Census workers have success getting forms to rural homes
Two census workers who stomped through Colorado’s March snows to deliver census forms in some of its least hospitable places said Colorado poses more problems for the counters than Coloradans.
“Just about everybody has been real pleasant and helpful,” Adelaide Currier said.
Census officials had feared that the count might be hampered by distrustful residents, but Currier and another census employee, Cindy Kleh, said they frequently encounter helpful neighbors even as they struggle against the elements to complete the census.
Currier and Kleh worked to deliver census forms to rural homes and now are helping supervise enumerators as they complete the count by contacting addresses from which there was no immediate response.
Currier works in the rural areas of western Colorado, and Kleh is near the Continental Divide out of her hometown of Grand Lake.
The business of delivering census forms to out-of-the-way places can be confusing and difficult. Kleh said she frequently had to “post-hole” through heavy, hip-deep, late-spring snow to drop off census forms at rural addresses.
“I’m finding that people are really receptive to the census,” Kleh said, adding residents often invited her inside to complete the forms at the kitchen table.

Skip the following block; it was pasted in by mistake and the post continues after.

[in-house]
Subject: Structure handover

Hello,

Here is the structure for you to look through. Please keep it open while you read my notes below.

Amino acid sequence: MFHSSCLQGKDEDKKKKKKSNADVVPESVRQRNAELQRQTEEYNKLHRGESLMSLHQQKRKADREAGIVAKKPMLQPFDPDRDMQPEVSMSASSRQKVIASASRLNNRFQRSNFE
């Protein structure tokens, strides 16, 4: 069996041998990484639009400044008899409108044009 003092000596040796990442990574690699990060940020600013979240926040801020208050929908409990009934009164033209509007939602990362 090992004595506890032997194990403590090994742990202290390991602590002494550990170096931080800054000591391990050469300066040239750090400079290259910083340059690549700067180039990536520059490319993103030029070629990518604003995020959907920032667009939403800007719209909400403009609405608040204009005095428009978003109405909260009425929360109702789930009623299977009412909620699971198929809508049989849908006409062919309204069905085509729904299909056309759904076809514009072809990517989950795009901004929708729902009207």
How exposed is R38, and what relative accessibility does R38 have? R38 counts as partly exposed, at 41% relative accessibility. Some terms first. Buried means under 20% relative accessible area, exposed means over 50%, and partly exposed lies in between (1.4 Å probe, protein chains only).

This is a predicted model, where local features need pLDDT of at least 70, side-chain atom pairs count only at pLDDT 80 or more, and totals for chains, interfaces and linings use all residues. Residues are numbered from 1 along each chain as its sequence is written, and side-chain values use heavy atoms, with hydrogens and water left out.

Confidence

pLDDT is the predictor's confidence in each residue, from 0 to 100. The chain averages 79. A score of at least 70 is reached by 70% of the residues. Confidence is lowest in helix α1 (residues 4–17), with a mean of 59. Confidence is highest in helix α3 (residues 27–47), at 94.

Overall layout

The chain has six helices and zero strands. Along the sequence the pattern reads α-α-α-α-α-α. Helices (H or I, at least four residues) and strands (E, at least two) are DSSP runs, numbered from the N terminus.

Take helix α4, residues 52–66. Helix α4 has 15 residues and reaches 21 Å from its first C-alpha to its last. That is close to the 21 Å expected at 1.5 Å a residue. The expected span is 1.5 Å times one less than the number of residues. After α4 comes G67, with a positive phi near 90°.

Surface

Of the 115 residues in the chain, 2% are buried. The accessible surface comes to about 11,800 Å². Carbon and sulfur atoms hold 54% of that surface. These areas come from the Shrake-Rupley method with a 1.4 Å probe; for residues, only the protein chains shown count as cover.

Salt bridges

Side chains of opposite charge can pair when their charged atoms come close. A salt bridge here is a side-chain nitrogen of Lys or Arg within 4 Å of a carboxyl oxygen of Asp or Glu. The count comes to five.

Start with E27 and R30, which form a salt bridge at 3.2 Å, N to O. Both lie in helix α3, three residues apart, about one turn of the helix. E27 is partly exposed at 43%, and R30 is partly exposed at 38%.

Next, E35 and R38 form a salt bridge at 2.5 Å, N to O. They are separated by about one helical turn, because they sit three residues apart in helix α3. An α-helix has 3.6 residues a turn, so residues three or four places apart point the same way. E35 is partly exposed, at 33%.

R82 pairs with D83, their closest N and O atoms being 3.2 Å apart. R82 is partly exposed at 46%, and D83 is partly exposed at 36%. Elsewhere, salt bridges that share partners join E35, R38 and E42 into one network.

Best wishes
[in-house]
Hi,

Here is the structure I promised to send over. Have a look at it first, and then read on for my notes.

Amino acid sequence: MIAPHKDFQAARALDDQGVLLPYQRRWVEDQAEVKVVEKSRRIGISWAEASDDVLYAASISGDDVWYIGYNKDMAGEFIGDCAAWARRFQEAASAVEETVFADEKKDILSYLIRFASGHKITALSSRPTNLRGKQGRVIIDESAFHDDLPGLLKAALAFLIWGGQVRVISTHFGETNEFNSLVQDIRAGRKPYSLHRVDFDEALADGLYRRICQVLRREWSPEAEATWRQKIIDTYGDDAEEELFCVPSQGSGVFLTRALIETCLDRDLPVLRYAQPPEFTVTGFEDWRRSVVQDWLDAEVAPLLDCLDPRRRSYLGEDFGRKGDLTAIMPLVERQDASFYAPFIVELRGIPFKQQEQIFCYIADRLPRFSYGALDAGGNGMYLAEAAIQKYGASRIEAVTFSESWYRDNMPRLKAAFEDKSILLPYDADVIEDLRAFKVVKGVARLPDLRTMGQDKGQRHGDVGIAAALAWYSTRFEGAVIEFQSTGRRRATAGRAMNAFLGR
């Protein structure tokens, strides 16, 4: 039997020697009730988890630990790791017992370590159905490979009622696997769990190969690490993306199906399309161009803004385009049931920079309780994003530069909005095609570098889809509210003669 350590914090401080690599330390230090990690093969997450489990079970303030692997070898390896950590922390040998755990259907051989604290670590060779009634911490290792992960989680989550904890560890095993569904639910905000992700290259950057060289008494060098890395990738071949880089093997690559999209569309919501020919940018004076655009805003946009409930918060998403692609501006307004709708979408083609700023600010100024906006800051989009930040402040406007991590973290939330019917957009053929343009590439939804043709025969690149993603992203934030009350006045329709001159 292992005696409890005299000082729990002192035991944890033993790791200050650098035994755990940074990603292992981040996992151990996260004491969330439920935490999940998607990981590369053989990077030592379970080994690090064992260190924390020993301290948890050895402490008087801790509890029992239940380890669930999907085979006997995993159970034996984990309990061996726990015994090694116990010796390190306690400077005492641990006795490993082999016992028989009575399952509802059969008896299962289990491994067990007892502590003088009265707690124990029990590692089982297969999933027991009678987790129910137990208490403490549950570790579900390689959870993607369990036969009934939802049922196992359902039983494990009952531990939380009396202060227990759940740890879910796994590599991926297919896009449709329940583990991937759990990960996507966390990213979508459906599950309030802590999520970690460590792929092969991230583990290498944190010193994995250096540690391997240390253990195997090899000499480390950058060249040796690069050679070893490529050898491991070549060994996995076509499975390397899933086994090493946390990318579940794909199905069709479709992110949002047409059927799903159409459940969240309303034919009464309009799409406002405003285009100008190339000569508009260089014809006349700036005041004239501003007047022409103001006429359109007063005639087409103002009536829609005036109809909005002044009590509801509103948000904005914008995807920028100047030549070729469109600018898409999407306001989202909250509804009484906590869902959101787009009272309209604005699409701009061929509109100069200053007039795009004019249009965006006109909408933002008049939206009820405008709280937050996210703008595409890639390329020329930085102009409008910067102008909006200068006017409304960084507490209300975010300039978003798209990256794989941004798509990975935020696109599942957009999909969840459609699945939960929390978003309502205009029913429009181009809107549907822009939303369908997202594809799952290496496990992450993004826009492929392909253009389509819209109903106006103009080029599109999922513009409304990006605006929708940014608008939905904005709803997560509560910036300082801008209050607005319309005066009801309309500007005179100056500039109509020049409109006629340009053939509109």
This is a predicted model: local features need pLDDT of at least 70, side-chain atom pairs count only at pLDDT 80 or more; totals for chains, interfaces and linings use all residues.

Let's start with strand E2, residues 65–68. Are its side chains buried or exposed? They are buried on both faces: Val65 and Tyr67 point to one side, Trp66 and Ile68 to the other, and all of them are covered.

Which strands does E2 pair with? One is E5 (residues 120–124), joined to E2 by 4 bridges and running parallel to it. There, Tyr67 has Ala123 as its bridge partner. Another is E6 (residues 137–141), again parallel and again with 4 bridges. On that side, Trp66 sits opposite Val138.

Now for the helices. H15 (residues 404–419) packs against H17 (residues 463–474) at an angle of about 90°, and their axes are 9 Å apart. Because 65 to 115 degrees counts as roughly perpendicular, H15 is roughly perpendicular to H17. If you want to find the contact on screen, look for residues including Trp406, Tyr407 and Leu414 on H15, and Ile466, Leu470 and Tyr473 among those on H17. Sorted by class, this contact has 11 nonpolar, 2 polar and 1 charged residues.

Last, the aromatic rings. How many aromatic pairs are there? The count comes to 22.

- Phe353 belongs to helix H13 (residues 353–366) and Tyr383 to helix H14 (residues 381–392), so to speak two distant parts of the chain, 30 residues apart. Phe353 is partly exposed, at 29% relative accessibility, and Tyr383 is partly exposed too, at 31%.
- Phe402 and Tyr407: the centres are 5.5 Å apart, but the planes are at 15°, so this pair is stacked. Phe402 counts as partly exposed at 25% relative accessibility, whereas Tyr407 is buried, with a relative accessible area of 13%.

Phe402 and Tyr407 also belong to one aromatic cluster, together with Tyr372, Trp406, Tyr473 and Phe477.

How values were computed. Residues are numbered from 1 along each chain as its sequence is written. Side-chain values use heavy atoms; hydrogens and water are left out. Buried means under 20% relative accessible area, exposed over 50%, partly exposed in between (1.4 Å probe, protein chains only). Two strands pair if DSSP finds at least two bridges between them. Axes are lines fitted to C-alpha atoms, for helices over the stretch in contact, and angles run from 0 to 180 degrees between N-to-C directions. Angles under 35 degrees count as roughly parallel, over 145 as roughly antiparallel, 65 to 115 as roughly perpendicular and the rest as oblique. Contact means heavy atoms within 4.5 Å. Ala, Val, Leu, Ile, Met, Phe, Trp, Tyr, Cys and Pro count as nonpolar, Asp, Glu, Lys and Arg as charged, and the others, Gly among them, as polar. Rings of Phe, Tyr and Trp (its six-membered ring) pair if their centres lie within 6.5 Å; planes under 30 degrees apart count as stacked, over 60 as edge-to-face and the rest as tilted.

For her, census work was a great workout, Kleh said.
“Actually, when I was doing update-leave and climbing steep drives, I was in training for the national snowboarding championship,” Kleh said. “I was thinking that there was one competitor, Donna, that I just loved to beat. She won’t be climbing at this altitude and be in this shape, and I was right.”
One address could be worth 20 minutes of aerobic activity, Kleh said.
The physical effort is necessary to determine if a home is occupied, requiring a completed census form, and if it’s not occupied, make sure it’s properly noted.
Neighbors have helped her nail down addresses, Currier said.
Some residents at a home in which she conducted a census interview advised her that the next place would look as though the address contained a 6, even though her information suggested it contained a 9. Sure enough, a nail had fallen and the 9 looked like a 6 when she arrived, Currier said.
“One person was peeved” and didn’t want the census form she was to deliver, Currier said.
She finally persuaded him to take the form and left, only to run into him again some time later.
“He was so friendly that I had to wonder: Is this the same person?” Currier said.
By the nature of the census, it’s unlikely she ever will know whether he actually filled in the form and mailed it, she said. He, though, was the exception, she said.
“I was blessed to have people who were very anxious to get counted,” Currier said, “and they were most willing to help me.”
The face-to-face enumeration phase of the census continues through July 3, and enumerators will carry an identification badge.
People with questions about enumerators can call the Grand Junction Census Office, which covers the Western Slope, at 970-361-3690.